Translation:Is there a toilet?
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A toilet is called a toilet in most English speaking countries. Avoiding using this word seems to be just a North American thing.
However, the real issue here is that the English word "toilet" isn't commonly used in Indonesia. "Kamar kecil" is the common usage.
I was very concerned when the exercise with the picture of a toilet refused to accept "kamar kecil". This needs to be corrected.
In normal conversation, English avoids the use of the word "toilet" except to refer to the receptacle which receives human urine and feces. A urinal is specifically for male urination.
The normally polite way to ask this question would be: "Is there a washroom?" or "Is there a restroom?" or if in a home, "Is there a bathroom?"
For the room in which we use this receptacle, some common euphemisms include:
-- WC (British -- originates from "water closet");
-- lavatory (specifically, a room which includes only a sink and toilet);
-- bathroom (specifically, a room, usually in a home, which includes a bath, sink and toilet; loosely, this may also mean a public lavatory with one or more toilets & sinks, especially in Canadian usage);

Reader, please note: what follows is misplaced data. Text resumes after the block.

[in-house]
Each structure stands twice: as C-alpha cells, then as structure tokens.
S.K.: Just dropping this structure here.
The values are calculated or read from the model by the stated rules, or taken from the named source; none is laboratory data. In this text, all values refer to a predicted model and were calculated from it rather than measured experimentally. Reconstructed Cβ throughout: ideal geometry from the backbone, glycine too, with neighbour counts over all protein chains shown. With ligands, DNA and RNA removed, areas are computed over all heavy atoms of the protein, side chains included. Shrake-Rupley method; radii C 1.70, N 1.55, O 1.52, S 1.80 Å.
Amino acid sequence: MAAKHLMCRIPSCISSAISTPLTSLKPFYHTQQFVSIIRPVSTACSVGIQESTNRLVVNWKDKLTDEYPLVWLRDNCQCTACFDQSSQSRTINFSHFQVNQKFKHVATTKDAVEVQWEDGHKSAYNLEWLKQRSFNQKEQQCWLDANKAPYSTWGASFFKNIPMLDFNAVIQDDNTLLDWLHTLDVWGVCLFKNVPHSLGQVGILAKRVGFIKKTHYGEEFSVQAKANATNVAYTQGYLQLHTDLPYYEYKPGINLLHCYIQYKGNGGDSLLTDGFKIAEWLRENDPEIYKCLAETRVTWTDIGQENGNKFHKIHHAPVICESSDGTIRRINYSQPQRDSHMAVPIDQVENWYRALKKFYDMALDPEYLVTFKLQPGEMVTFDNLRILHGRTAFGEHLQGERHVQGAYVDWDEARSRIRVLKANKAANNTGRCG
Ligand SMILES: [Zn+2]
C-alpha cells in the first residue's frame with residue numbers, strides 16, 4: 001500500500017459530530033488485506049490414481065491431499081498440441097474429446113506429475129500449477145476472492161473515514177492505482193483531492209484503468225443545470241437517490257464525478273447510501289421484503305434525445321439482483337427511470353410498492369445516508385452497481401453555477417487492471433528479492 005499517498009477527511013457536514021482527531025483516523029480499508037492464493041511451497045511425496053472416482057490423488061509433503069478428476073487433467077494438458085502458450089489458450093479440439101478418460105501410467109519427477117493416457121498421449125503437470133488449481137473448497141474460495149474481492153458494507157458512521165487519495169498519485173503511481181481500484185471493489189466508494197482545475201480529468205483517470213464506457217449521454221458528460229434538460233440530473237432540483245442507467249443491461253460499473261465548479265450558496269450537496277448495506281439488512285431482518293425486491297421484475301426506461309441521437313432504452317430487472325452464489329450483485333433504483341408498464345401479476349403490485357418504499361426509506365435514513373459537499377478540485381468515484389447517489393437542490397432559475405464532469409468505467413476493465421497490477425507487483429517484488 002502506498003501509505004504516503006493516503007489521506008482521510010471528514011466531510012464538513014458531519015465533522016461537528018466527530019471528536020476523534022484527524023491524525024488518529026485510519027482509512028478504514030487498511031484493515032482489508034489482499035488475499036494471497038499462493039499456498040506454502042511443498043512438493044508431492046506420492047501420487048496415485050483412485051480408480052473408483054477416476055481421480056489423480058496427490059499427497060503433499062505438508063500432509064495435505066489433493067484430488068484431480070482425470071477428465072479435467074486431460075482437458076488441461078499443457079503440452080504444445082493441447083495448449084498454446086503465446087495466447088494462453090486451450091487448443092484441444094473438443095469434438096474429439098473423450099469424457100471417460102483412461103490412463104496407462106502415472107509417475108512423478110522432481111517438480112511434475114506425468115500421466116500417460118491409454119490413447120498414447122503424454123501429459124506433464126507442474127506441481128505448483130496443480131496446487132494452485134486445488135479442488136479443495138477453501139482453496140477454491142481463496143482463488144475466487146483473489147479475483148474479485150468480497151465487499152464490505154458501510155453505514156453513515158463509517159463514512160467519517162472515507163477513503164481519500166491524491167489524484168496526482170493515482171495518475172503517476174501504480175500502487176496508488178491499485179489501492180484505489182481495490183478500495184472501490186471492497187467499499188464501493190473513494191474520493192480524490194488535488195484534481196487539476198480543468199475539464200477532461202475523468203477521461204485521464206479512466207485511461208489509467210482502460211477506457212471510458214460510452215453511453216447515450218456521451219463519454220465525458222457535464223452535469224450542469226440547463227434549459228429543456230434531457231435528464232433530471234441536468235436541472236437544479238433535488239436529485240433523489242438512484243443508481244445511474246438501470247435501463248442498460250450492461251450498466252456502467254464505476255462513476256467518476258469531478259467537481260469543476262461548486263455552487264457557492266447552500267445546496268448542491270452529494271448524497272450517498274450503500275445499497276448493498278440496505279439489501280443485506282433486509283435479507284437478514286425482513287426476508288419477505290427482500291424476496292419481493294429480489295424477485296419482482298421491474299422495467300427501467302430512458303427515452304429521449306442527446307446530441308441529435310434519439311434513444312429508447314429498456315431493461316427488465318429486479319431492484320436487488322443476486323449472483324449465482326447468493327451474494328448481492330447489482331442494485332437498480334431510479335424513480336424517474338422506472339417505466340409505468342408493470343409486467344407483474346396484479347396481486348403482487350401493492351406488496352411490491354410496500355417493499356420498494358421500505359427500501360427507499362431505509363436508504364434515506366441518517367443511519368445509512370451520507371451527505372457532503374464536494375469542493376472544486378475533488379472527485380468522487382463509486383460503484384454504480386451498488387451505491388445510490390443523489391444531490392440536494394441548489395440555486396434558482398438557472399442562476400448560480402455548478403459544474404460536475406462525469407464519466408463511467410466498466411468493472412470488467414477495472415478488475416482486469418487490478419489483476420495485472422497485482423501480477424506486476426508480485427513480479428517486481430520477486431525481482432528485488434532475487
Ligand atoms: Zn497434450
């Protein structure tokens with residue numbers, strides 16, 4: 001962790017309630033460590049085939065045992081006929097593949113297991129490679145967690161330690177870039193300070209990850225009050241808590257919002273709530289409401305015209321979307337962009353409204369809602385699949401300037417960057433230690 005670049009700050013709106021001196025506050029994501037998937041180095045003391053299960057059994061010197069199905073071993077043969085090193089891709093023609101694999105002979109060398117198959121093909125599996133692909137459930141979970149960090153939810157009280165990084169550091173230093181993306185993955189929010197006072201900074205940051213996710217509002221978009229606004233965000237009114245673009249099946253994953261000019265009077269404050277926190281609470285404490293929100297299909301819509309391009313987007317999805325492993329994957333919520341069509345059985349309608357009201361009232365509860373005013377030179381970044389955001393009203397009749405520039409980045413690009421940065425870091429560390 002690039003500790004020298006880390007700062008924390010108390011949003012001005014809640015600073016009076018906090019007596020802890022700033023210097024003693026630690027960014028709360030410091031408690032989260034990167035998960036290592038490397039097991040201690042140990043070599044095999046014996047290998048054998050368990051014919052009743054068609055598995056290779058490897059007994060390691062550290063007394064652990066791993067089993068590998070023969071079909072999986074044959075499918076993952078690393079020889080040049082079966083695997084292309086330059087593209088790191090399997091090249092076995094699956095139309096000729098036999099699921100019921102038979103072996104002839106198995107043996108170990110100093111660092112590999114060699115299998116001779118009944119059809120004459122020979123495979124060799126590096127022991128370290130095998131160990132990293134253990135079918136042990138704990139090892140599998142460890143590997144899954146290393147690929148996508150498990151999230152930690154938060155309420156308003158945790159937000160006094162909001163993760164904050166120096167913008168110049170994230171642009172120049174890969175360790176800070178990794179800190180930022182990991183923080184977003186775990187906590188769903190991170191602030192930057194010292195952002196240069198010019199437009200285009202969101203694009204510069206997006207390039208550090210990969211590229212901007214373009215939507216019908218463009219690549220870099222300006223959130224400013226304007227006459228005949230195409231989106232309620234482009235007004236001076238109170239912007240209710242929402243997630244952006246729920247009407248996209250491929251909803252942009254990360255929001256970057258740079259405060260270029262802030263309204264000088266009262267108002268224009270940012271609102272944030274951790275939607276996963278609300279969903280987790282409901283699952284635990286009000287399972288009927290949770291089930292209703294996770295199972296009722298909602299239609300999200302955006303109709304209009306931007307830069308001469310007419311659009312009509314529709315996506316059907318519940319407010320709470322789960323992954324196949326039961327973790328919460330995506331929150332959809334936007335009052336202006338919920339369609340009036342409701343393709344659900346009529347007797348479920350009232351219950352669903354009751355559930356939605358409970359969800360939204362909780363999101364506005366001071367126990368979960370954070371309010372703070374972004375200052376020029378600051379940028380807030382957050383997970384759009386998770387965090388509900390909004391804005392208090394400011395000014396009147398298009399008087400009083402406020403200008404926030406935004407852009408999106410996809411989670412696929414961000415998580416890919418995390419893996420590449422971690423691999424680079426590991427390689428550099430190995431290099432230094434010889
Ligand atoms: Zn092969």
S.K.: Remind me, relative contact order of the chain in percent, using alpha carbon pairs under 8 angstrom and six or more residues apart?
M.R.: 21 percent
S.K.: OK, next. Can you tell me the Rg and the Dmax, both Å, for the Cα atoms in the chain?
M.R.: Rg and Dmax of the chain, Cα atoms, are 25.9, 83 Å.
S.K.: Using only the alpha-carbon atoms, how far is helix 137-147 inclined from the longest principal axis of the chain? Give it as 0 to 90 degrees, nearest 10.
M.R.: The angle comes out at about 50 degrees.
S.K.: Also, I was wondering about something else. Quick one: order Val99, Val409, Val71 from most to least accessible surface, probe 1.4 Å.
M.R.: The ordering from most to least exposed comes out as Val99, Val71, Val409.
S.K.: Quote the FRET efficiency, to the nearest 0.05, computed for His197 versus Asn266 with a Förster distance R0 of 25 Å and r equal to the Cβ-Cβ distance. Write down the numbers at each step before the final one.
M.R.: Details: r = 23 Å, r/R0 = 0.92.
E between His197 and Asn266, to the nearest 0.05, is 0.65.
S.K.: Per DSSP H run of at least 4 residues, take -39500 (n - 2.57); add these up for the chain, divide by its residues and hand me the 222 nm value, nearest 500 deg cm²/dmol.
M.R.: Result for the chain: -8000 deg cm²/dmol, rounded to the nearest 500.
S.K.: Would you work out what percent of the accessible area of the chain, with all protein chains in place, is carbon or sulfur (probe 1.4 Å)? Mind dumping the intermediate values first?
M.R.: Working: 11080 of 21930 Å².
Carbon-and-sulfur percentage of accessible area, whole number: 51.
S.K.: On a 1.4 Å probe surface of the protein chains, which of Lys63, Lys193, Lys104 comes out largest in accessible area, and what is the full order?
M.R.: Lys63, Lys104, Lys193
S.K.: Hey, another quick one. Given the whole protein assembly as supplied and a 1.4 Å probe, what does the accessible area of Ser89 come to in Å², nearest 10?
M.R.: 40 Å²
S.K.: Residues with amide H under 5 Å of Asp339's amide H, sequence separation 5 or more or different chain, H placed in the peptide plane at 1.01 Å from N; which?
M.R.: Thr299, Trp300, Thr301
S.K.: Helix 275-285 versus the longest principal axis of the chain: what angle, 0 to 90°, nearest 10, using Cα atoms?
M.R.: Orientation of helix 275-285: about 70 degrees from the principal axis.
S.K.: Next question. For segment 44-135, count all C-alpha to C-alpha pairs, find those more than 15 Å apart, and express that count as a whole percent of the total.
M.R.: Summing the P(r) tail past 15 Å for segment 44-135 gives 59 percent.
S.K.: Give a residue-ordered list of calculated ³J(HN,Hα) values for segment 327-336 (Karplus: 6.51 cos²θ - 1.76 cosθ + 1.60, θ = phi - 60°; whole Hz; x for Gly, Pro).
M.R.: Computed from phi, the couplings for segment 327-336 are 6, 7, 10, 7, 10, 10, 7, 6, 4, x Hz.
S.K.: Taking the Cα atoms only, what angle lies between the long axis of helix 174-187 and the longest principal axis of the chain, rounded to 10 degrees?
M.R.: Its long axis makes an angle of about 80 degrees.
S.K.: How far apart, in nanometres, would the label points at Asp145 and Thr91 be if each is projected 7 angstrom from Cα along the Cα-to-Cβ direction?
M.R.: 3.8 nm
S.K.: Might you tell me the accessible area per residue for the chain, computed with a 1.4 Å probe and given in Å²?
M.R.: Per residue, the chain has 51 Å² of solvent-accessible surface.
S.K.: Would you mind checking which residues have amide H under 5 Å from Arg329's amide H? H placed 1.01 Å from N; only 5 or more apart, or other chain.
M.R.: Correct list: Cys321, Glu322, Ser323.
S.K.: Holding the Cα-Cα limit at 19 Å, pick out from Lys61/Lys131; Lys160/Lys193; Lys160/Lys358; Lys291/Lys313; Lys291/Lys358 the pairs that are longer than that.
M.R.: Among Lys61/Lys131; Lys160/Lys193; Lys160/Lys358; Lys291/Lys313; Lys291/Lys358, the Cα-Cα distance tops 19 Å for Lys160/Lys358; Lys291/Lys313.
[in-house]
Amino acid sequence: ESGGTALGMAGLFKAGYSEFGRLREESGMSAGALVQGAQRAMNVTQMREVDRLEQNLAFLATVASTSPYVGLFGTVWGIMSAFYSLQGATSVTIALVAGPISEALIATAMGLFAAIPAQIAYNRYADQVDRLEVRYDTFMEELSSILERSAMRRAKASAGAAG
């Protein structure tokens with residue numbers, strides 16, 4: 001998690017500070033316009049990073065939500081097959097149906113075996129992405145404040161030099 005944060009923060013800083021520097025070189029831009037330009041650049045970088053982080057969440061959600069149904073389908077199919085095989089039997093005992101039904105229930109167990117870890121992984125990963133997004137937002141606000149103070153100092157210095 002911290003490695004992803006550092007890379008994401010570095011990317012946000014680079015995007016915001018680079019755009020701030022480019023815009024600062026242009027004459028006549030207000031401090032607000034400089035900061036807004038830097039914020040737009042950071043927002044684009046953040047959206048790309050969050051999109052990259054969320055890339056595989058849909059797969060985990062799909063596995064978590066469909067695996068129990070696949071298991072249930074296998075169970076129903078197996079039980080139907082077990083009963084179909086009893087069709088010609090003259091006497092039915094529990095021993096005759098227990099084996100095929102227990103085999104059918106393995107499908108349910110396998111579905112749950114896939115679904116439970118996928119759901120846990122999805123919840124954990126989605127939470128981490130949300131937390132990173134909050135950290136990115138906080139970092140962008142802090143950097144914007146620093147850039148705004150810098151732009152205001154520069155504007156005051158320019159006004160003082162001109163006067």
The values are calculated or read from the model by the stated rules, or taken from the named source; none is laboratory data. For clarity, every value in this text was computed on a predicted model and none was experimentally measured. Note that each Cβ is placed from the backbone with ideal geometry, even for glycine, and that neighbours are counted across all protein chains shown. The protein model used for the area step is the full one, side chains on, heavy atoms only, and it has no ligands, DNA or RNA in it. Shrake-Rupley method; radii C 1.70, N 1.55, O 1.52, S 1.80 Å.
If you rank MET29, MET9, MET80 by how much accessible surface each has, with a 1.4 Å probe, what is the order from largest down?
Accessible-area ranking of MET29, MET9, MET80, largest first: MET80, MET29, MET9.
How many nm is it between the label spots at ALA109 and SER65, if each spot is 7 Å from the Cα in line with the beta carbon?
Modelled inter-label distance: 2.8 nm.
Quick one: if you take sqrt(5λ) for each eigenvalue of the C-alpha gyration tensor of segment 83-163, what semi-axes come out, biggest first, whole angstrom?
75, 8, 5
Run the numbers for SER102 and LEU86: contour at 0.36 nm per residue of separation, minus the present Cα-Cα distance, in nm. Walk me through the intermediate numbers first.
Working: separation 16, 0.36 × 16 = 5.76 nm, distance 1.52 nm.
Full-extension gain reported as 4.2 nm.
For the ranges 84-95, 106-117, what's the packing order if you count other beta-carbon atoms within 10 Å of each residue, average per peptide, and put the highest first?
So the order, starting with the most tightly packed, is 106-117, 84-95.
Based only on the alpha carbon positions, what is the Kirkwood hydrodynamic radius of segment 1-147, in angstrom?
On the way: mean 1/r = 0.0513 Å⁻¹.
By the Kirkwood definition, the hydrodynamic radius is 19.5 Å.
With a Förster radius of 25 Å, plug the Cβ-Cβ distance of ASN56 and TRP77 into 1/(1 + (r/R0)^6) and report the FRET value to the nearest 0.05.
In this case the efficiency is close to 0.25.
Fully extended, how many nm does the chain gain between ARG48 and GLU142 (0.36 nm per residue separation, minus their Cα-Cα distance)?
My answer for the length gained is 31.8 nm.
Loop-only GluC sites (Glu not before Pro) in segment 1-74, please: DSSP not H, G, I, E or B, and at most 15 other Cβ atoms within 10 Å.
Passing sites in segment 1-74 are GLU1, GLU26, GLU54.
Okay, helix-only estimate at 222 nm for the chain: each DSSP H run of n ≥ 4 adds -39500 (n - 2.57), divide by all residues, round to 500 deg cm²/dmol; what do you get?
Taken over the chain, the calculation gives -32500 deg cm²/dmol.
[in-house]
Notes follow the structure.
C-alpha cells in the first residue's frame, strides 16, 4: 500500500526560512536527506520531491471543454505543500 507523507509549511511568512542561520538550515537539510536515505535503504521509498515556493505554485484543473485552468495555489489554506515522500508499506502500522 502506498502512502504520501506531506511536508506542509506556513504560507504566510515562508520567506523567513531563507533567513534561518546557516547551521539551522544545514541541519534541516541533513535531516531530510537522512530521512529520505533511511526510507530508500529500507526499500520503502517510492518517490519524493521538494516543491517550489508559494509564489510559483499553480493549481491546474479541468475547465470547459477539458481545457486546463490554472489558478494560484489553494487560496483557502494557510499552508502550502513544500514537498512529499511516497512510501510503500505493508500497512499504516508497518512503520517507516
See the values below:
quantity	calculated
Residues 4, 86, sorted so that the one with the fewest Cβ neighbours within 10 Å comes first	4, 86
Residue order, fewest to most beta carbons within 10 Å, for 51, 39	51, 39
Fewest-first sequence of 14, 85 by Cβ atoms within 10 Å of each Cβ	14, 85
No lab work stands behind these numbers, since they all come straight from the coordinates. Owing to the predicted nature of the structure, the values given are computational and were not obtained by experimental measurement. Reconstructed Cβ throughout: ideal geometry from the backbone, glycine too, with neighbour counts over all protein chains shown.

-- restroom (very common usage, often posted on signs in restaurants, bars, etc; a public place, not in the home, including one or more sinks and toilets); origin is obscure, because a "restroom" may have no chairs or other place to "rest". See also "powder room" below;
-- washroom (very common for public facilities that include one or more sinks and toilets) NOTE: "Washroom" is probably originates from a public place where one can wash hands. Washroom in this context has nothing to do with washing clothes -- that would be a laundry, or laundry room.
Special case: "powder room" For women only, a public place with one or more sinks and toilets; may include a rest area with mirrors for adjusting makeup (originates from old expression "to powder one's nose" -- ie, adjust makeup). Has connotations of the rich and exclusive, but can be loosely used for any female-only restroom, sometimes humourously or ironically.
This gives some idea of just how hard English speakers try to avoid using the explicit word "toilet" :-)
I'm British and the only time I use something other than 'toilet' is when I'm talking in my second language, Norwegian. There I say 'toalett'. 'Bathroom' is used too, but 'toilet' is actually the most common word for it that I've heard. I've never heard anyone other than a single American say 'restroom'. And I've never heard anyone say WC either. And 'powder room' may have been used 50 years ago... but not now.
I don't know how to explain but... The sentence you said " Ada DI toilet " its like you saying something is in the toilet... But here we're trying to ask where is the toilet...
Tisu di mana? Where is tissue?
Itu di mana? Where is that?
Toilet di mana? Where is the toilet?
I hope this helps